Topic: Sports & Entertainment
The Ethics of Quitting, Part II
Terrell Owens, the star Philadelphia wide-receiver, has now been suspended and shelved for the rest of the pro football season for making good on his promise to punish the team with constant disruptions if they refused to renegotiate his already rich contract. Owens’ latest assault consisted of publicly trashing his team’s quarterback, Donovan McNabb, which during an NFL season is the equivalent of a military officer releasing statements during wartime that his general is a clod.
In the army, this gets you a court martial. It remains to be seen if the result in the NFL is another team giving T.O., as he is called (Trouble Organizer? Terribly Obnoxious? Team Offal?), all the money he wants, thus branding the athlete’s unforgivable conduct as a promising strategy for extorting concessions from employers. If so, that team is hereby on notice that a Scoreboard Ethics Dunce award will be arriving shortly thereafter. Public unethical tactics must not be seen as being successful, or they will spread. The best result for the NFL, professional sports and the national culture would be for Terrell Owens to be Totally Out of work.
Meanwhile, shock-jock Howard Stern’s soon-to-be-ex employers, Infinity Broadcasting, suspended the inexplicably popular radio personality for a grand total of one day after he incessantly promoted on the air his already much-publicized move to Sirius Satellite Radio next year. Wow, Infinity, one whole day that will teach him! What Stern did is the equivalent of a Ford executive in his final weeks before moving to a more lucrative position at Toyota going on TV to cry, “Buy Japanese!” Such behavior would certainly promote a rapid security escort for the executive out of his office onto the street, which is why most industries spare employees who announce that they are jumping ship to a competitor the temptation to pull such stunts by relieving them of their responsibilities immediately.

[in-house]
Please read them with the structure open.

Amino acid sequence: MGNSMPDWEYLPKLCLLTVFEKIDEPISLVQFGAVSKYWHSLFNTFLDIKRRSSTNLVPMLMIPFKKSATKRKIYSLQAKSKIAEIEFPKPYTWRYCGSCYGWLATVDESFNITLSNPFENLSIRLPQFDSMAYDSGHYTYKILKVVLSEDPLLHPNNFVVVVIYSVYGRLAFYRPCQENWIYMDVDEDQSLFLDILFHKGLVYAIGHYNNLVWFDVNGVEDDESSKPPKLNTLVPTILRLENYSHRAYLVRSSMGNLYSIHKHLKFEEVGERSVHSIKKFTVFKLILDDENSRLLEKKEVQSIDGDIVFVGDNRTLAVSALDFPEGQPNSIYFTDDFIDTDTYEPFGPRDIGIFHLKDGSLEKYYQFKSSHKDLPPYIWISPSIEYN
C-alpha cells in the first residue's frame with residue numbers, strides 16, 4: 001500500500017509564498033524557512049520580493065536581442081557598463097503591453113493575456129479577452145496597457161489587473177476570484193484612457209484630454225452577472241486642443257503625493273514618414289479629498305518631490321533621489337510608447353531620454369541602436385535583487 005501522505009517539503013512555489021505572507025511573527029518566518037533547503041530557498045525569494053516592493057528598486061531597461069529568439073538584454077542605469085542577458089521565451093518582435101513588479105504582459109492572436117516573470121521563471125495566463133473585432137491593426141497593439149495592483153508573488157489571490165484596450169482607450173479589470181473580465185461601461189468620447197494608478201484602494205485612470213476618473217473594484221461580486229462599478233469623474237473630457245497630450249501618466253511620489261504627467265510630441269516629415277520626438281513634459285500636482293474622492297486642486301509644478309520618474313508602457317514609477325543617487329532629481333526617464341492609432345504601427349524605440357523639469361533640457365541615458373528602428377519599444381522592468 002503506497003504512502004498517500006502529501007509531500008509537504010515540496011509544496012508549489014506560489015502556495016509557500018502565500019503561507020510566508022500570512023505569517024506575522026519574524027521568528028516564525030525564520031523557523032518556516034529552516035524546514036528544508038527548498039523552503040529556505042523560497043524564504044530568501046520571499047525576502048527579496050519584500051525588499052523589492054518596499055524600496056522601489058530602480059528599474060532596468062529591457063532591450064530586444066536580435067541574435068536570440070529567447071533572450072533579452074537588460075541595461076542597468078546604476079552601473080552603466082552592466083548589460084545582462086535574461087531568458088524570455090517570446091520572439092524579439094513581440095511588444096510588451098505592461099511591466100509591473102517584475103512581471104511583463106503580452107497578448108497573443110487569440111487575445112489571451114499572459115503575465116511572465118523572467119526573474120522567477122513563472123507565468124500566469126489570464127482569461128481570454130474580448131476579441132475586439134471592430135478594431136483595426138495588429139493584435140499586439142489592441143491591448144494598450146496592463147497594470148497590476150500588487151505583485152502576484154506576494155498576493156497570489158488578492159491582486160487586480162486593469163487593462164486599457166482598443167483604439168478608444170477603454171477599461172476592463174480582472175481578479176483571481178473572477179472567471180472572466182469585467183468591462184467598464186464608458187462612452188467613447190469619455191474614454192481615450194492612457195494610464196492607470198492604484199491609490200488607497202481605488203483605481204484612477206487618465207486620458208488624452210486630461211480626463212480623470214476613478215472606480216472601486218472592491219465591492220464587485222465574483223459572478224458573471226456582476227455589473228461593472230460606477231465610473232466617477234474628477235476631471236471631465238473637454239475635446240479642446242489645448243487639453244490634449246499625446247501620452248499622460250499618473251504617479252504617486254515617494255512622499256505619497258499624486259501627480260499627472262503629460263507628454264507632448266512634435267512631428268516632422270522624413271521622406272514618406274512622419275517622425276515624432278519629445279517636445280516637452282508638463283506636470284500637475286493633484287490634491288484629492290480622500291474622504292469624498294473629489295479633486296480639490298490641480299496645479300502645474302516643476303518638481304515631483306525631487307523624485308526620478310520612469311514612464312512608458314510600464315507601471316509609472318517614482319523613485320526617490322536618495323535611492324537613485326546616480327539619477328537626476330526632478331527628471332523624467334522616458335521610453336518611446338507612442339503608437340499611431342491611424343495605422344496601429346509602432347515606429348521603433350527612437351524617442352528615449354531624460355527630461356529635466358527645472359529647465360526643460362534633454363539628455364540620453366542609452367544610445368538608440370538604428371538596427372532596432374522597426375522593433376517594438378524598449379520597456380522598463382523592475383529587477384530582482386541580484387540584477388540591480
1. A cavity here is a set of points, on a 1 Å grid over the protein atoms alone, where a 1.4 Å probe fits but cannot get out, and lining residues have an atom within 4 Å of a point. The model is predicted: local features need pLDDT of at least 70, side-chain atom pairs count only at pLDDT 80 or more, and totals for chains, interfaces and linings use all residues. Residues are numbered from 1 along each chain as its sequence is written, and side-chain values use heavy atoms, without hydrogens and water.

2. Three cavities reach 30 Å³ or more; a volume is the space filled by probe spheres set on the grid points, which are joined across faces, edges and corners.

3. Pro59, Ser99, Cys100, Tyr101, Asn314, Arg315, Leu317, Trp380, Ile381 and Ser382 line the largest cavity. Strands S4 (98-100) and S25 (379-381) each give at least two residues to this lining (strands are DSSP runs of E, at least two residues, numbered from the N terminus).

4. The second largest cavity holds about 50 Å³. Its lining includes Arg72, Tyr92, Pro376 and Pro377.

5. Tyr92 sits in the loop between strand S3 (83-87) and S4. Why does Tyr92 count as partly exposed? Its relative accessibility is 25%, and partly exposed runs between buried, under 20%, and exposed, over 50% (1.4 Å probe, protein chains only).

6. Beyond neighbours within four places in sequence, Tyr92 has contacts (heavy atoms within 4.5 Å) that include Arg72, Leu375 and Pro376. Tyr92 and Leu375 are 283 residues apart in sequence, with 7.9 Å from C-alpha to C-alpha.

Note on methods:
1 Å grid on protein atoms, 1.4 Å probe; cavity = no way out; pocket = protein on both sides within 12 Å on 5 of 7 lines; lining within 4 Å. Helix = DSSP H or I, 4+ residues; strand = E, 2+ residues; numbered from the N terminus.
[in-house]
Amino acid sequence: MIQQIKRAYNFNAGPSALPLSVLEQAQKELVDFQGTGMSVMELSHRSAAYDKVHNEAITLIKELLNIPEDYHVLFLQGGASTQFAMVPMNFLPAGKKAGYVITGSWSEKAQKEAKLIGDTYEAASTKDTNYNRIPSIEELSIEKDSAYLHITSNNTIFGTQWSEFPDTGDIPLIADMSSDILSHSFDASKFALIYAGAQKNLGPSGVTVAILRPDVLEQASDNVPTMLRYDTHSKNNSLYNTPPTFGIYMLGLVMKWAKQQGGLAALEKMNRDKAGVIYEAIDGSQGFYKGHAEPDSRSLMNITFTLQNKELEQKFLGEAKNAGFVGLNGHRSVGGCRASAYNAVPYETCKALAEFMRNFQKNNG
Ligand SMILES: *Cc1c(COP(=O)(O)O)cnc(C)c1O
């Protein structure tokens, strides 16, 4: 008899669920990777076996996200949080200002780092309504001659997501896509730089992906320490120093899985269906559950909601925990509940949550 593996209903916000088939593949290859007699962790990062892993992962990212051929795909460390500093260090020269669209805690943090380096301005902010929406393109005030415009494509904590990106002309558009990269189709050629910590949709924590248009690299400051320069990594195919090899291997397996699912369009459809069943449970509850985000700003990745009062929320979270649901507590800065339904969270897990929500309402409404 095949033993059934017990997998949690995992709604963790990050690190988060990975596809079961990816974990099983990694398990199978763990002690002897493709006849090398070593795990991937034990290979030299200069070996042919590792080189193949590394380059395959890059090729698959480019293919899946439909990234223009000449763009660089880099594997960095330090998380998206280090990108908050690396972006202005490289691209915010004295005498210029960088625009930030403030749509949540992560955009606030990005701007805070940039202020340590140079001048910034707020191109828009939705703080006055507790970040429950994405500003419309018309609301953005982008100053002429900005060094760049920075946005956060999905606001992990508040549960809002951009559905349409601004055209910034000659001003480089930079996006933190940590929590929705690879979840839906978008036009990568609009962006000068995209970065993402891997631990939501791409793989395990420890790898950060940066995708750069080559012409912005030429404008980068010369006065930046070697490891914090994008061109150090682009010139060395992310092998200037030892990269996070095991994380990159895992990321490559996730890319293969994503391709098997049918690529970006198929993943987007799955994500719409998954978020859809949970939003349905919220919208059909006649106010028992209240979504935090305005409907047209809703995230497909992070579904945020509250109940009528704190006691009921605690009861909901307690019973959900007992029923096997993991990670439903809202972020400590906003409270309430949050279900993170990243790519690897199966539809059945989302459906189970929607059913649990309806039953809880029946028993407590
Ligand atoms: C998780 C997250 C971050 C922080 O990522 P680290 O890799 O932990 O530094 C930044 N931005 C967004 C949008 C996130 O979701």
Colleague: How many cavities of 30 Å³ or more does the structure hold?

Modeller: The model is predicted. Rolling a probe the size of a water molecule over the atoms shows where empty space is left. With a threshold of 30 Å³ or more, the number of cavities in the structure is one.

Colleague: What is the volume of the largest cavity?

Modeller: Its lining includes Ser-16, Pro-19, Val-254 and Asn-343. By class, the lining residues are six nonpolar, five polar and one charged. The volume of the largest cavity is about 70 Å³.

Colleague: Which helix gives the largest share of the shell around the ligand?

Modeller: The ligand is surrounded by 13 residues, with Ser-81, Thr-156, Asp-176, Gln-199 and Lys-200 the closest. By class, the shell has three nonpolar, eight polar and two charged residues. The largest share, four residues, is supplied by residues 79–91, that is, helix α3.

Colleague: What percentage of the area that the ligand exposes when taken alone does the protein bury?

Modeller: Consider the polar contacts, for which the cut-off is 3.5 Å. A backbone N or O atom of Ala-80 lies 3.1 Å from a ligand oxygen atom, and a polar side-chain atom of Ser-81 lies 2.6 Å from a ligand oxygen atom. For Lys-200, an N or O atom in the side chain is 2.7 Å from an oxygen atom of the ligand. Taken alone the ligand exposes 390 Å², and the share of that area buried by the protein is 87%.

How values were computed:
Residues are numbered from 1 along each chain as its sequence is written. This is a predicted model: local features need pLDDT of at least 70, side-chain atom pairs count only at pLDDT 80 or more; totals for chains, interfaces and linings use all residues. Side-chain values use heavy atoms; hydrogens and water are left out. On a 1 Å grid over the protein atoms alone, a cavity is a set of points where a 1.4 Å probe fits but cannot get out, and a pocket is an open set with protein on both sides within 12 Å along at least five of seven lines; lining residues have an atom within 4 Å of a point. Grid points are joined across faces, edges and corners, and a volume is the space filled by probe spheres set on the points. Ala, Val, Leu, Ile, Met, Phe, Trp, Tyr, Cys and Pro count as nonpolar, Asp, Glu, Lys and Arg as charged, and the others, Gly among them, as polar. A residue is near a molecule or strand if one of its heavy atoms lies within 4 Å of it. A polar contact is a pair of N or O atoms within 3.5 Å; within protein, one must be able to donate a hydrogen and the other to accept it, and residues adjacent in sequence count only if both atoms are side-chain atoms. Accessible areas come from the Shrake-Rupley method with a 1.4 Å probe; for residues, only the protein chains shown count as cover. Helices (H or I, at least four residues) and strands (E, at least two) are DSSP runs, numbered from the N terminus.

But Infinity has ad minutes to sell, and can sell them much more dearly when Stern is their product don’t ask me why. (Stern is routinely described in the industry press as “brilliant,” despite the fact that his show consists almost entirely of brain-numbing interviews with pathetic strippers and porno actresses or Howard asking “cool” celebrities about their experiences with anal sex and urinating in the shower. If this is “brilliant,” what, pray, is “crude and moronic”?) So since his contract with the dreaded satellite competitor was announced, Infinity has allowed Stern to continue polluting the airwaves under its banner. Stern, true to character, has displayed all the gratitude, loyalty, and fairness of Benedict Arnold. Needless to say, Infinity should have fired him, and filled his remaining shows with, oh, I don’t know maybe former Jerry Springer guests who could finally reveal what they really said to their relatives and best friends who were secretly sleeping with the guests’ spouses before the show bleeped out the obscenities and curse words. Brilliant!
Stern’s spokesman claimed that even the suspension was excessive, declaring that Infinity’s discipline “was an act of desperation by men who are losing their once-in-a-lifetime franchise.” No, it was an act of impotence and weakness when an act of outrage and punishment for disloyal conduct was required.